“On the Internet, all those same guys that are complaining I made a change are completely changing the movie,” Lucas says, referring to fans who, like the dreaded studios, have done their own forcible re-edits. “I’m saying: ‘Fine. But my movie, with my name on it, that says I did it, needs to be the way I want it.’ ”If the "script notes" he's referring to are the Red Letter Media reviews, well, it's heartening to know he at least saw 'em. They do an excellent job of deconstructing the prequel films, devoting an hour to each and explaining exactly why the storytelling failed, when they're not busy stopping the review cold to continue their storyline. (The crazy reviewer character Mr. Plinkett has a great voice and delivery, but the serial killer angle is a digression I just don't get. I do love it every time he offers you some pizza rolls if you email him on his webzone.)
Lucas seized control of his movies from the studios only to discover that the fanboys could still give him script notes. “Why would I make any more,” Lucas says of the “Star Wars” movies, “when everybody yells at you all the time and says what a terrible person you are?”
Moving away from pizza rolls, my position on George Lucas' fiddling with the Star Wars series has always kinda been that while I find it kind of sad that a man who once spoke out against film revisionism himself then decided to start making changes to what some folks thought were perfectly good movies to begin with, it's honestly his prerogative. Creative types will always want to tinker with their babies. He has a right to be angry with fan edits, though that's half copyright and half pride there. The films ultimately have his name on it, even if he didn't direct Empire or Jedi (and sadly neither Irving Kirschner nor Richard Marquand are around any more to speak up, if they felt the need.)
It's a matter of adopting new attitudes as time goes on. Lucas' kids came up with the bantha poodoo jokes in the prequels, among other things. And why not? He was making the film for him and his family. Spielberg fiddled with E.T., gave the FBI dudes walkie-talkies instead of guns because he disliked promoting violence in a family movie, but has since reconsidered. He's now restoring the guns for the next release.
So if Lucas decided he didn't like the idea of Han Solo shooting the bounty hunter Greedo in cold blood after all, once he had the technology in the late 90s he could do something about it. Among other things. I thought some of the enhancements were neat but I didn't like other changes such as Greedo and the removal of the Yub Nub song at the end of Jedi (I liked it; haters gonna hate) but I didn't feel insulted. I felt as long as there was still the ability to see the original films as I remembered them in the theaters, I'd be fine.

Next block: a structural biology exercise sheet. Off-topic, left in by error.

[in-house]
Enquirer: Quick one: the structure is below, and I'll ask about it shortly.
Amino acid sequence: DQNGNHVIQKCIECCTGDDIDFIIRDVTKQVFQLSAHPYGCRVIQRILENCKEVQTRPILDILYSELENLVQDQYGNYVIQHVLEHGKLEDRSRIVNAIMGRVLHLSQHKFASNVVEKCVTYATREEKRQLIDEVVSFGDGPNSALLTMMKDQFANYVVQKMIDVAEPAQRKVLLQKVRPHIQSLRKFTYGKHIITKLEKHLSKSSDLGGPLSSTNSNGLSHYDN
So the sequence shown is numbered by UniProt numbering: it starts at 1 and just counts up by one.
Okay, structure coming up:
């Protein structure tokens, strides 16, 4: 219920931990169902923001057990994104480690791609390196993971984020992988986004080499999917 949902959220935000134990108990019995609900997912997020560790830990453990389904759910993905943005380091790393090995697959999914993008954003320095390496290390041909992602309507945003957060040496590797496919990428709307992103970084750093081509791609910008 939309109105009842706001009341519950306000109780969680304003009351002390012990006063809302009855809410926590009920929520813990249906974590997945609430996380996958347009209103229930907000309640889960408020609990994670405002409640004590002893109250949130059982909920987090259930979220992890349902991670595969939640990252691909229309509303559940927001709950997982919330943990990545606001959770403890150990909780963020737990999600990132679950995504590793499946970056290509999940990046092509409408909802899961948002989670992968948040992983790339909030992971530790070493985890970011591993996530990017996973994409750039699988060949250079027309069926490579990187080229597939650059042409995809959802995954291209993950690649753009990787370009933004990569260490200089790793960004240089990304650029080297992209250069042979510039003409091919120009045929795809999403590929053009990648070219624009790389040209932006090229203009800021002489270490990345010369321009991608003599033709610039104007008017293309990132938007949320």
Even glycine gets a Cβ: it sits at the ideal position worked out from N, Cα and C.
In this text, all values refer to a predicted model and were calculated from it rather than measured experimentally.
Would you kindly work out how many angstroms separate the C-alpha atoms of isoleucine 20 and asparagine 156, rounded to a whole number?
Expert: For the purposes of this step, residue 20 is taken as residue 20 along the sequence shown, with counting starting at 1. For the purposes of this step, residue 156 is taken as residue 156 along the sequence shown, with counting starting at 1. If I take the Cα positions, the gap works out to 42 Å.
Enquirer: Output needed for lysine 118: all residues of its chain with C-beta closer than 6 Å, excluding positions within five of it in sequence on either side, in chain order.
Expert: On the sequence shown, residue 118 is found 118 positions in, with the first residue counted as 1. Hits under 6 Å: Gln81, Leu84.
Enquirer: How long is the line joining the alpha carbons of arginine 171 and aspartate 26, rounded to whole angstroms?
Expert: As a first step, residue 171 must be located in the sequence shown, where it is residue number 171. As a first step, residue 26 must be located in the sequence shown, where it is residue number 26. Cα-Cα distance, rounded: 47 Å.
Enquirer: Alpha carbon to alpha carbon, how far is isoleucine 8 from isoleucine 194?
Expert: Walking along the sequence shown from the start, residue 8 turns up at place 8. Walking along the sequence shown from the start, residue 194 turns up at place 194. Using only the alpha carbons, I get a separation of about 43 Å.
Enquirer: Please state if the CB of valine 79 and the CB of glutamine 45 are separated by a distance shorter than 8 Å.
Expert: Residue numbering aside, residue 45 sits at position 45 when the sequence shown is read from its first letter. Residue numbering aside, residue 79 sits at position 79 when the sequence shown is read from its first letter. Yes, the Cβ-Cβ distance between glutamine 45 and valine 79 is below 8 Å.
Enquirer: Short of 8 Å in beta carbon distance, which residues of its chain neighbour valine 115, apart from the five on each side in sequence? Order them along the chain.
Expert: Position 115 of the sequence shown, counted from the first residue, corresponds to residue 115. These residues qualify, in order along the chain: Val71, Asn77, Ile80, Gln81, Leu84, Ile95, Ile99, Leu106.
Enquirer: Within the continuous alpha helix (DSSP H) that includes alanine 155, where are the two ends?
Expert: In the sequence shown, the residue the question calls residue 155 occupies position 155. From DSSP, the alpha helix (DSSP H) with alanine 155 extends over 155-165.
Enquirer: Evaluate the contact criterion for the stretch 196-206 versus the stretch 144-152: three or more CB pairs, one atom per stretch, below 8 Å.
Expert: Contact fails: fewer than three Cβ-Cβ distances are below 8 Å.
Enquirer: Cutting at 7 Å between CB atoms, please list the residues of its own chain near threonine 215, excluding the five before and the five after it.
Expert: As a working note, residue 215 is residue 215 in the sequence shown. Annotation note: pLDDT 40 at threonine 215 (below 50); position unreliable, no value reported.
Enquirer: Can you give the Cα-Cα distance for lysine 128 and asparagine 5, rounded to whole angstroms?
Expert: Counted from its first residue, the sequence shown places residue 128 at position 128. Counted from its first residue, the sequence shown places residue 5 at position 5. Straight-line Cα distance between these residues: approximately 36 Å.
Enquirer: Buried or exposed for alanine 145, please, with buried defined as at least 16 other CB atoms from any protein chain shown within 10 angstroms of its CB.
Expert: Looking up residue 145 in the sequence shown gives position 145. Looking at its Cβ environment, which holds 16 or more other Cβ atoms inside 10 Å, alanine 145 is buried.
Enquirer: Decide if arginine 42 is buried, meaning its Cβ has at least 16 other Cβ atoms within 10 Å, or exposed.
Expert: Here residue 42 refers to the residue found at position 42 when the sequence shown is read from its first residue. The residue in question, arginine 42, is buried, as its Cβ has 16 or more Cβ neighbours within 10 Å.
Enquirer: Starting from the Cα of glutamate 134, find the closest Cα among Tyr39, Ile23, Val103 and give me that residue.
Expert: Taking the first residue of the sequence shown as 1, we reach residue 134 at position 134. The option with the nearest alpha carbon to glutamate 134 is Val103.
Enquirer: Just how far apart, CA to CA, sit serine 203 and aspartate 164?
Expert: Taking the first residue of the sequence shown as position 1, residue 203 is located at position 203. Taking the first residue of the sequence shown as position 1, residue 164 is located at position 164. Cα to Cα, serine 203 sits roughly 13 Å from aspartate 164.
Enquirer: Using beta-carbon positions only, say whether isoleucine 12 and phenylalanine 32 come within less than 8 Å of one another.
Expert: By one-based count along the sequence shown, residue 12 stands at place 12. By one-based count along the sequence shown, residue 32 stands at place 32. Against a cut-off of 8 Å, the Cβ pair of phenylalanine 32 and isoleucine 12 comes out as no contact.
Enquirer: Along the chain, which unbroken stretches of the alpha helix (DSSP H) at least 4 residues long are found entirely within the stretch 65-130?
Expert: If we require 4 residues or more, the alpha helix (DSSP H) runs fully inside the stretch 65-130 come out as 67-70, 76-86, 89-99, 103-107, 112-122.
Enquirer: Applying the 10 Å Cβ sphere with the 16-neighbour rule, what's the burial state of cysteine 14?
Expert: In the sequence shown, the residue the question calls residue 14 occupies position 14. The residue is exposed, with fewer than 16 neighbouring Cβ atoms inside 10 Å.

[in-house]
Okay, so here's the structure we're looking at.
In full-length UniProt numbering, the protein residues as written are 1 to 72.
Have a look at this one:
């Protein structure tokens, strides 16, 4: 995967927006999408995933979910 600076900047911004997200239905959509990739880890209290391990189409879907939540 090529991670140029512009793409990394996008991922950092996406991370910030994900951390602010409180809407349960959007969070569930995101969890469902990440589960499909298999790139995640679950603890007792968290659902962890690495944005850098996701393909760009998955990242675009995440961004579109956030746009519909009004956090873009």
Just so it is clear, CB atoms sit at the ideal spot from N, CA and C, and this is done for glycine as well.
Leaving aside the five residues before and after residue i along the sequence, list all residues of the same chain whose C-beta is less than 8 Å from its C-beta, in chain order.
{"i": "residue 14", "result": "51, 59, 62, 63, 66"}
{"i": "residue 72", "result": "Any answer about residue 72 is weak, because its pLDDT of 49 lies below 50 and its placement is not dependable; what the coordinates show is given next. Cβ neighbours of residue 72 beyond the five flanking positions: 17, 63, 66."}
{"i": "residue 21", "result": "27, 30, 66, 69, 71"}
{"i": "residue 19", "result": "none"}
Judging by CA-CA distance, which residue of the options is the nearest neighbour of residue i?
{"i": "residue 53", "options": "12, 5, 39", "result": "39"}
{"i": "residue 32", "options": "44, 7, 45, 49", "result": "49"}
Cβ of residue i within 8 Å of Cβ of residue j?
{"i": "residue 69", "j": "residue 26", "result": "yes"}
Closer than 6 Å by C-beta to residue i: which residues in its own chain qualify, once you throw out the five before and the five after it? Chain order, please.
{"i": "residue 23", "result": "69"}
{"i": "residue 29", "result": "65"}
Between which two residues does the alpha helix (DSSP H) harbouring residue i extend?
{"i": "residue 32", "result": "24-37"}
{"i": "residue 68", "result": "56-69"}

I still felt that way, though through slightly clenched teeth, when I saw Hayden Christiansen saying goodbye to Luke as a ghost instead of Old Anakin Guy saying goodbye to Luke as a ghost. Okay there was something to do about all that lava scarring and stuff, but you'd think Luke would recognize the older guy (whom he just saw with his mask off, all corrupted and stuff) much more easily than the younger dude hanging out as a blue glowie along with Yoda and Obi-Wan.
Then I defiantly felt that way when I learned the next Blu-Ray release of Jedi is going to have Vader scream "NOOOOOOOOO!" when grabbing the Emperor in the climactic fight scene. Of course. Add the single-most mocked part of the prequel films, beating out Jar-Jar even.
But as long as I still had a way to see the original films as I remembered them in the theaters, I'd be fine. (I was too young to see Star Wars on its original release, but I sure as heck caught both Empire and Jedi first-run. Jedi on opening weekend, even, and it was one of those amazing movie experiences where the entire theater just banded together to cheer everything. Anyway.) Then I realized I didn't know how I could see the original versions (or "as close to", blah blah) again, since I don't have a laserdisc player nor the moxie to try and track down discs. That's the part of revisionism what sucks. Each new Star Wars release is now film canon. Brilliant. Why release several versions and have 'em floating around at the same time? O ALL IS LOST said I, and went to go be all nerd-complainy about other science-fiction franchises such as Doctor Who LET ME TELL YOU WHAT I REALLY THINK ABOUT RUSSELL T DAVIES.
But lo! Salvation. As it turns out there was a 2006 DVD release of the trilogy that did just that and it completely flew under this here radar. Had no idea that had come out! At least, I'd have thought that if I knew, I'd have gotten 'em.
Don't matter now, cause on Saturday I got 'em. Turned out to be a decent present, eh. The first opens with just "STAR WARS"--no Episode IV, no A New Hope--and Han shoots first (heck, Han shoots only.) And later on in the trilogy Luke still air-kicks the dude off the sand barge. All throughout the bad mattes are still there, the missing lightsaber effects on some frames are still there, it's not shiny CGI, and that's how I like it. These releases are as scruffy as the universe they show us. So now that I can go back and see my copies whenever I want, Lucas can do whatever he wants with his copies. Force you, got mine!
Sebastian Shaw approves.
PS. What's the story behind Threepio's silver right leg? I completely forgot.